K-Ming Chang, Gods of Want (One World 7/22) A stellar collection getting plenty of critical praise, Chang’s latest explores the lives and myths of Asian American women in 16 stories, many with supernatural elements – including ghosts, goddesses, and women out of fairy tales – a powerful mix of darkness, humor, the strange, and the everyday.
N.K. Jemisin, The World We Make (Orbit US & UK 11/22) Urban fantasy doesn’t get more urban than in Jemisin’s Great Cities contemporary fantasy duology about the human avatars of New York City and its neighborhoods; this concluding novel focuses less on Lovecraftian problems (though tentacular threats make a spectacular appearance) and more on human politics, with a “doltish” mayorial candidate who wants to Make New York Great Again. “A love letter to a complicated city and the resiliant spirit of its residents.” [Gary K. Wolfe]
Cassandra Khaw, Breakable Things (Undertow 11/22) Khaw, already known for their style and strikingly disturbing fiction, offers 23 horror stories, one new, in this “superbly strange and beautiful debut collection… Twenty-three stories: some quite short, some without traditional beginning-middle-end structure. All worth reading.” [Paula Guran]
R.B. Lemberg, Geometries of Belonging: Stories and Poems from the Birdverse (Fairwood 11/22) This collection of seven stories (one new) and four poems in Lemberg’s lauded Birdverse series offers some potent glimses of Lemberg’s fascinating, queer and complex world with its diverse cultures, a magic loosely based in geometry, and characters dealing with identity, family, hurt, healing, and change.
L.D. Lewis & Charles Payseur, eds., We’re Here: The Best Queer Speculative Fiction 2021 (Neon Hemlock 9/22) The second volume in this annual series offers 15 stories chosen as the best of 2021. Authors include Sharang Biswas, Aliette de Bodard, C.L. Clark, Ann LeBlanc, Sam J. Miller, and Bogi Takács. Series editor Payseur offers an overview of the year in publishing, while guest editor Lewis comments on the joy of “drowning” in so much “rich, diverse, gorgeously executed short fiction.”
C.L. Polk, Even Though I Knew the End (Tordotcom 11/22) A dark fantasy noir mystery novella with romance, this tale of a lesbian detective who has to track down a notorious serial killer to avoid being sent to Hell has been getting rave reviews. “Powerful, emotional, stylish, and smart… a helluva story that hits dozens of literary high points.” [Colleen Mondor].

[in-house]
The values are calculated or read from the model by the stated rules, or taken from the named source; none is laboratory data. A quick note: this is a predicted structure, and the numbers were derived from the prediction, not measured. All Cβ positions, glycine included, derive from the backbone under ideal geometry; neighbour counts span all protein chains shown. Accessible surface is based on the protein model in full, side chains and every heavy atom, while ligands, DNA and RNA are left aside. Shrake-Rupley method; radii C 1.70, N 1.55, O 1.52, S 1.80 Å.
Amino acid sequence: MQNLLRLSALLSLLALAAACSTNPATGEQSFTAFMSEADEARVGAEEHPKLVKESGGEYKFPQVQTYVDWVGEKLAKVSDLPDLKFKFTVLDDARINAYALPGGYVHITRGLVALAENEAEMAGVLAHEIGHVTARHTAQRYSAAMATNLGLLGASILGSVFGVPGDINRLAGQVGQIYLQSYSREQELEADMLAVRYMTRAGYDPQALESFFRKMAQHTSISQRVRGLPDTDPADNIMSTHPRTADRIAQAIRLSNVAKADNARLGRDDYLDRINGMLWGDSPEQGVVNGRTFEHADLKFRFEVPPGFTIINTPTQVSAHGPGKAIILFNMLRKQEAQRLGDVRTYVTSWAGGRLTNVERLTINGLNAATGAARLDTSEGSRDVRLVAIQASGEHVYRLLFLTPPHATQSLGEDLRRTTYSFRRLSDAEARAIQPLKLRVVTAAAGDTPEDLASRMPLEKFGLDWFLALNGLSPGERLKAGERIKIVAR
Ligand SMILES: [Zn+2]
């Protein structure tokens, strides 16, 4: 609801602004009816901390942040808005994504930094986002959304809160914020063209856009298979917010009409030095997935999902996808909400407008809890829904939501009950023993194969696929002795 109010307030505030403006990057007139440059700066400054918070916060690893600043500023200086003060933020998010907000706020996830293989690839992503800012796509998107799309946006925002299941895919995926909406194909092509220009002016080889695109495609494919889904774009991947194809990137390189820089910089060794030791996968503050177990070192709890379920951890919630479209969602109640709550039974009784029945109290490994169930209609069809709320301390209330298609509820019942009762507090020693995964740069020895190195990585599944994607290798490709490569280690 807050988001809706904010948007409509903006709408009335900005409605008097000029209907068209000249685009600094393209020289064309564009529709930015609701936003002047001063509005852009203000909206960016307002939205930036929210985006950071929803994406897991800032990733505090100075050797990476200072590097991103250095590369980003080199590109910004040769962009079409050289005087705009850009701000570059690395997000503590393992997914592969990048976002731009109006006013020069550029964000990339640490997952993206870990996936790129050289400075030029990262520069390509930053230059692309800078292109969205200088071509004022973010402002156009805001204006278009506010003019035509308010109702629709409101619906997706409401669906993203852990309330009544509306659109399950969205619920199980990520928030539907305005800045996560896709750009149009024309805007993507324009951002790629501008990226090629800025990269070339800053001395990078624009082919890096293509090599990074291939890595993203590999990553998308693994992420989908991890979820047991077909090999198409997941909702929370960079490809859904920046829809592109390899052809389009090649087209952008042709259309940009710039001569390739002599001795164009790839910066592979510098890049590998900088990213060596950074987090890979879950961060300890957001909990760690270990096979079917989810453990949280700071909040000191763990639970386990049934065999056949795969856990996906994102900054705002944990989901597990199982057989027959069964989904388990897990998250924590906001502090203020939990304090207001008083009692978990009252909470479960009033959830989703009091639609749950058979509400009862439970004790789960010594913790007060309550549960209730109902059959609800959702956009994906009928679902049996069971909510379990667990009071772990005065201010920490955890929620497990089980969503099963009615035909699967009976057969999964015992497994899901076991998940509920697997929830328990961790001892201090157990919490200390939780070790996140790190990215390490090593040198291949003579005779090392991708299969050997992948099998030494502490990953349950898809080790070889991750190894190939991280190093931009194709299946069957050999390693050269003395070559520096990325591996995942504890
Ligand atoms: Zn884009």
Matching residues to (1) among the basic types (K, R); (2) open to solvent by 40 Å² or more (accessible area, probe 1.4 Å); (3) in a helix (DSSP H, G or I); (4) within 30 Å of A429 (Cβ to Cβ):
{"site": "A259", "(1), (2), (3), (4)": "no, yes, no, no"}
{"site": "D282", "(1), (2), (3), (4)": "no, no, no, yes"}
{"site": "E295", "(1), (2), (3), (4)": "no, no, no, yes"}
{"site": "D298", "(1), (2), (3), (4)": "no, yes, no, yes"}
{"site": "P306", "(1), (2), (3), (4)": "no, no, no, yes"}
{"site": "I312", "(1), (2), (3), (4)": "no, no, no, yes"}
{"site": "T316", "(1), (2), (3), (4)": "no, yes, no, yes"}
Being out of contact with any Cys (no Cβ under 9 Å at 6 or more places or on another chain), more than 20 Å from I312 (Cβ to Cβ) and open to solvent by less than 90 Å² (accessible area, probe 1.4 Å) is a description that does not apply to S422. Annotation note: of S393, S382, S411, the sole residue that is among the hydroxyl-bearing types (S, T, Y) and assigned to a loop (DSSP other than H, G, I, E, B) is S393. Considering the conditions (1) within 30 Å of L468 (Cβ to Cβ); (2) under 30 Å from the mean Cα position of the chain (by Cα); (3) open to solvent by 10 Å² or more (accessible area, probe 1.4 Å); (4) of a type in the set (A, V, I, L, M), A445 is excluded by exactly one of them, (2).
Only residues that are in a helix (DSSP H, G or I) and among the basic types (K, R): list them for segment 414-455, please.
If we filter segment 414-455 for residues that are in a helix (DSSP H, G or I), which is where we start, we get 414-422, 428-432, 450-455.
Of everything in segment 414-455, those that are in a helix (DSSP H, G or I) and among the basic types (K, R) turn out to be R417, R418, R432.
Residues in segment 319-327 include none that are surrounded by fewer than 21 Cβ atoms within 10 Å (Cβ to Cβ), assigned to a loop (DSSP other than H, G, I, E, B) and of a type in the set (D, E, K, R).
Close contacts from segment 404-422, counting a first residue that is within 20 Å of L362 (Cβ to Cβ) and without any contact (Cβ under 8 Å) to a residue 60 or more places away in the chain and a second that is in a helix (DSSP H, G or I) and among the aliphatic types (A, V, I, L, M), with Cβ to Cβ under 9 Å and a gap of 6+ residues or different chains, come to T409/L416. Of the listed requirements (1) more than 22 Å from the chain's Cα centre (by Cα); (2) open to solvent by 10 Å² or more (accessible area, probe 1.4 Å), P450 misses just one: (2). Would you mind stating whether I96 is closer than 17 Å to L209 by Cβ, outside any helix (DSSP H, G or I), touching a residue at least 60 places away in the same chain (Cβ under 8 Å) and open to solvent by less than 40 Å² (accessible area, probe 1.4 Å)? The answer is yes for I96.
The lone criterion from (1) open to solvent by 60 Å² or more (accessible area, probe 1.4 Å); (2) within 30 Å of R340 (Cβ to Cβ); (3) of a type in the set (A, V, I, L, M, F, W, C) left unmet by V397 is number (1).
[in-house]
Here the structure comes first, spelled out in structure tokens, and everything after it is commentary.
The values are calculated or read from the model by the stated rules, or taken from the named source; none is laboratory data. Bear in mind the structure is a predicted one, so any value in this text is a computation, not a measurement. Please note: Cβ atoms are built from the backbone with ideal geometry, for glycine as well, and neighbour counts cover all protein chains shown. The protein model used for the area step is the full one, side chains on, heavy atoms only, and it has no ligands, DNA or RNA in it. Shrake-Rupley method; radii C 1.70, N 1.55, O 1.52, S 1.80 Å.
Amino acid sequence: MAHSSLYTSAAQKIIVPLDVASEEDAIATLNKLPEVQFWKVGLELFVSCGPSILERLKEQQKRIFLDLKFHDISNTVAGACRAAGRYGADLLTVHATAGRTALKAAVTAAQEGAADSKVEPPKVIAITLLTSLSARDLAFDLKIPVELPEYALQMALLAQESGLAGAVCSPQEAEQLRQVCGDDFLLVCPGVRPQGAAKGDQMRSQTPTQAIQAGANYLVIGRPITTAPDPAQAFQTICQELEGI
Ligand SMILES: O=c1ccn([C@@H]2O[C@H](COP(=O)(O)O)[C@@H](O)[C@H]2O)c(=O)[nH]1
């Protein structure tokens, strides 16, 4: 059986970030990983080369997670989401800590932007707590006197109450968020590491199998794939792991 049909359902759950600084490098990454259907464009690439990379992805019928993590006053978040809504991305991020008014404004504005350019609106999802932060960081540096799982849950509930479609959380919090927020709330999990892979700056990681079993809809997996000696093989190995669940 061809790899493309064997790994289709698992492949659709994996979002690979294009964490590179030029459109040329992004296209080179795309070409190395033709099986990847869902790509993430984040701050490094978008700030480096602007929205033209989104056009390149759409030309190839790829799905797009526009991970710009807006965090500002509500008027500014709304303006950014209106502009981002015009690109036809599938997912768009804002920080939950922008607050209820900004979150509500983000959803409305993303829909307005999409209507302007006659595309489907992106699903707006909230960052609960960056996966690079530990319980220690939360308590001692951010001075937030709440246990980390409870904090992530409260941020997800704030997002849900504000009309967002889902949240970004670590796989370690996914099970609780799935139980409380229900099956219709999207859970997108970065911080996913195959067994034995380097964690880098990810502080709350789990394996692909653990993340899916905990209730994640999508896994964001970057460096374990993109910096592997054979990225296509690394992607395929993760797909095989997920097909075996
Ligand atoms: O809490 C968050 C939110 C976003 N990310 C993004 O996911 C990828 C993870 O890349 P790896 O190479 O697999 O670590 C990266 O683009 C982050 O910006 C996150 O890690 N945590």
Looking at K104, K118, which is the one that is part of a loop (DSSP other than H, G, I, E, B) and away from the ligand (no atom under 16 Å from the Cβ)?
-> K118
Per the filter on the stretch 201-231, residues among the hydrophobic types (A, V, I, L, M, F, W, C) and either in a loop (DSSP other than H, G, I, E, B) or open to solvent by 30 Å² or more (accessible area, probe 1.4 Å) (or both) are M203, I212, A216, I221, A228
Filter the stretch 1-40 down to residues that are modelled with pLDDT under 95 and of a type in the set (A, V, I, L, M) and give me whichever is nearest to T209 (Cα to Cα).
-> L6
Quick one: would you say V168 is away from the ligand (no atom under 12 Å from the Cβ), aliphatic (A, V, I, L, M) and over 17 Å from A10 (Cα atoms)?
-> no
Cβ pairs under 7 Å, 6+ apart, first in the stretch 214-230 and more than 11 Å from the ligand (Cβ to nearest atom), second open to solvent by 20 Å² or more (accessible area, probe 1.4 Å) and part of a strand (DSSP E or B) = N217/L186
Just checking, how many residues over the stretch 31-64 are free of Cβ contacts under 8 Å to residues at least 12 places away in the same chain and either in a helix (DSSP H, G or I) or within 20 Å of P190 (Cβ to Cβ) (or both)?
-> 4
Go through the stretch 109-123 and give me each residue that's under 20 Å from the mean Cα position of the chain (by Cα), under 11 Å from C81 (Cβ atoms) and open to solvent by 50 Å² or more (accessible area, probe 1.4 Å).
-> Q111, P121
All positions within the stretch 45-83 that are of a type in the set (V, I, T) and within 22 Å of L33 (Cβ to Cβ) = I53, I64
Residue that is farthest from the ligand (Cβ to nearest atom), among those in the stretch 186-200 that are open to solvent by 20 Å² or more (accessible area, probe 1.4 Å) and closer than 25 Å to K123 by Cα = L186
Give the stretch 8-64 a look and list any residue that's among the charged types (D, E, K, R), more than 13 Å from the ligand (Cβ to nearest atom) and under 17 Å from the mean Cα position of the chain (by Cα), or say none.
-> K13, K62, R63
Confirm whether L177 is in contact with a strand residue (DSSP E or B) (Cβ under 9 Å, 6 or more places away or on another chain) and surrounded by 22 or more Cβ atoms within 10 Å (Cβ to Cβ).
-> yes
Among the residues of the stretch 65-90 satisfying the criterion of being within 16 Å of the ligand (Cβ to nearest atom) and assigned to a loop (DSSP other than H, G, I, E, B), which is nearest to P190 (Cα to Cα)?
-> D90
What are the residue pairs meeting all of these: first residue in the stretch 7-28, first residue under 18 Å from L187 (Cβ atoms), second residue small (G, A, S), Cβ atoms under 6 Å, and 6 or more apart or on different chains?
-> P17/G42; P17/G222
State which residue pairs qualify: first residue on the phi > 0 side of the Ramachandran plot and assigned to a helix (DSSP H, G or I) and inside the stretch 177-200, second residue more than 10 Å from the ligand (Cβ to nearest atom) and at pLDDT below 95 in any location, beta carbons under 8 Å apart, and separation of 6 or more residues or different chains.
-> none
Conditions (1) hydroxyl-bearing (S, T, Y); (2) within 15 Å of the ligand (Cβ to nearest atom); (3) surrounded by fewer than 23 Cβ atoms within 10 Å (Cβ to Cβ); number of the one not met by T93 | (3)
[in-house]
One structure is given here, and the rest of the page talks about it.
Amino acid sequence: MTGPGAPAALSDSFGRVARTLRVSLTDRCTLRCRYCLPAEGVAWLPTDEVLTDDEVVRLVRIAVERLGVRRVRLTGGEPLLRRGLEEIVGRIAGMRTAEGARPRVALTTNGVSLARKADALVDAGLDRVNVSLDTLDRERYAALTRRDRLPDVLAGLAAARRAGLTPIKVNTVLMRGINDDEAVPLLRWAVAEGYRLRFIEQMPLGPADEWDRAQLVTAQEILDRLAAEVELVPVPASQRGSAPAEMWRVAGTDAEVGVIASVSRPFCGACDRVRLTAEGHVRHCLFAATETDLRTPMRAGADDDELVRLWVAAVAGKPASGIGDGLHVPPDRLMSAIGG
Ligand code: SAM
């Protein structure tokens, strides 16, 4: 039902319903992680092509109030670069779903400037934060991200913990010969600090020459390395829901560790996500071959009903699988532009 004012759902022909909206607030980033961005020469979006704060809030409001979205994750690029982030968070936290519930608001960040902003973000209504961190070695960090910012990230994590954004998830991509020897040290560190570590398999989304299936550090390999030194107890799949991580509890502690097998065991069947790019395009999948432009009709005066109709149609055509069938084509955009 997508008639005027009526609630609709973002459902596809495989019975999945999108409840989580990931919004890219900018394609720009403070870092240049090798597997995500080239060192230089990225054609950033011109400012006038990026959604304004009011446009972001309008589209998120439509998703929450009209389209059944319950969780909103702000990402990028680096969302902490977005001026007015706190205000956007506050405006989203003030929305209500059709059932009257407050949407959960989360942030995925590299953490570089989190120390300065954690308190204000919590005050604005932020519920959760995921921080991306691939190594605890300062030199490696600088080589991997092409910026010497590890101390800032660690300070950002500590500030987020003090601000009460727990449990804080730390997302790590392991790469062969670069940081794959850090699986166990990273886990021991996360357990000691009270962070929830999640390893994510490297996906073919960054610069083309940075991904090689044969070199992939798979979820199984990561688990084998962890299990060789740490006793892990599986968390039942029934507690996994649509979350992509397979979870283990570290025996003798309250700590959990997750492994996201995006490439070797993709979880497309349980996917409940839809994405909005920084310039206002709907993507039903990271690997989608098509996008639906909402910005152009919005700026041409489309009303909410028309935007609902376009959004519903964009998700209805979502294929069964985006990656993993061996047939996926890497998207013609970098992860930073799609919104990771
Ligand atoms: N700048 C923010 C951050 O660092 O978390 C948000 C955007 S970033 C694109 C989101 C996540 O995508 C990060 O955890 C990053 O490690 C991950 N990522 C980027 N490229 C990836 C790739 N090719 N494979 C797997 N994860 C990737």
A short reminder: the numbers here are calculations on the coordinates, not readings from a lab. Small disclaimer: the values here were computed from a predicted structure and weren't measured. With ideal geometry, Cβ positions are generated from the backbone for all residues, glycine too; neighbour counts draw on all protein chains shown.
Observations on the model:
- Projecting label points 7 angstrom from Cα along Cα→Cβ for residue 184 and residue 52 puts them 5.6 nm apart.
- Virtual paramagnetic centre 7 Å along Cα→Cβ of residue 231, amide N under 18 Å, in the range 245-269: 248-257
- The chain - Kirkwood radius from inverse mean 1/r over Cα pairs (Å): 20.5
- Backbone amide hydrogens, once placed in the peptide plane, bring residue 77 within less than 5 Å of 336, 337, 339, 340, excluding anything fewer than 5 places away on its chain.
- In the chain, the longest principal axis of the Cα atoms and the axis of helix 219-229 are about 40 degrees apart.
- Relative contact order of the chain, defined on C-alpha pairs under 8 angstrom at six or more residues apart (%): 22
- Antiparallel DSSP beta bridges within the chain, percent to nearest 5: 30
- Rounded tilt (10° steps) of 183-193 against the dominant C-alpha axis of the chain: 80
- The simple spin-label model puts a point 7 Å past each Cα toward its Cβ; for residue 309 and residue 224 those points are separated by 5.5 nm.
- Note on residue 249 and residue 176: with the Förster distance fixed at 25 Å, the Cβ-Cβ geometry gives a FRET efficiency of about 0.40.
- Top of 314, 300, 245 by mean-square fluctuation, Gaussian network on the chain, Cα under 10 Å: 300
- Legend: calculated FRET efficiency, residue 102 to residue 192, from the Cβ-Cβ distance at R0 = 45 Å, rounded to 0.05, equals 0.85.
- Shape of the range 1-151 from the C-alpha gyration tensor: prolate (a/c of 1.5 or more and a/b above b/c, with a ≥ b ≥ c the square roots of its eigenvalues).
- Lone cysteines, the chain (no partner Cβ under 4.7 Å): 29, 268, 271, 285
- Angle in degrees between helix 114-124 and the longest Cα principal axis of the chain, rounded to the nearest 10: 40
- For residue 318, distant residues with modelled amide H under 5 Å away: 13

Rebecca Roanhorse & John Joseph Adams, eds., The Best American Science Fiction and Fantasy 2022 (Mariner 11/22) The eighth installment of this best-of-the-year series, this offers 20 stories from 2021, many from familiar names, including Elizabeth Bear, P. Djèlí Clark, Meg Elison, Nalo Hopkinson, Stephen Graham Jones, Kelly Link, Sam J. Miller, and Catherynne M. Valente. This includes a summation of the year by noted series editor John Joseph Adams, and an introduction on the stories picked by guest-editor Roanhorse.
Sofia Samatar, The White Mosque (Catapult 10/22) This critically acclaimed mix of memoir and travel writing follows Samatar on a tour/pilgrimage retracing the path of 19th-century Mennonites from Russia who founded a village in what is now Uzbekistan, exploring fascinating details of the region’s history and Samatar’s own identity as half Swiss-Mennonite, half Somali-Muslim, raised Mennonite in the US.
Sheree Renée Thomas, Oghenechovwe Donald Ekpeki & Zelda Knight, eds., Africa Risen: A New Era of Speculative Fiction (Tordotcom 11/22) Original anthology with 32 stories by authors both familiar and new, from Africa and the African Diaspora, including Steven Barnes, Maurice Broaddus, Tobias S. Buckell, Tananarive Due, Yvette Lisa Ndlovu, Nuzo Onoh, Wole Talabi, and Tlotlo Tsamaase. Reviewers have called it an important, wide-ranging selection: “simply a gorgeous anthology… truly contains outstanding stories.” [Isiah Lavender III]
Lavie Tidhar, Neom (Tachyon 11/22) Tidhar plays with elements of old-school SF while expanding on his vision of a transformed Middle East in this far-future SF novel in the universe of Central Station. The setting is Neom, the utopian city even now being built by Saudi Arabia by the Red Sea, but here an ancient metropolis, surrounded by a desert littered with dangerous machines left from earlier wars – where the discovery of a giant crashed spaceship draws together a diverse group of characters, even as revolution sparks among humans and sentient machines in the city.
Jeff VanderMeer, Bliss (Subterranean 10/22) VanderMeer brings his gift for the unexpected and weird to this short novel/long novella, a humorous, occasionally unreal, and eventually horrific tale about a rock trio on tour in a nation just coming out of 15-year civil war, traveling downriver on a boat, heading for a mysterious gig that could make or break their careers.
From the December 2022 issue of Locus.
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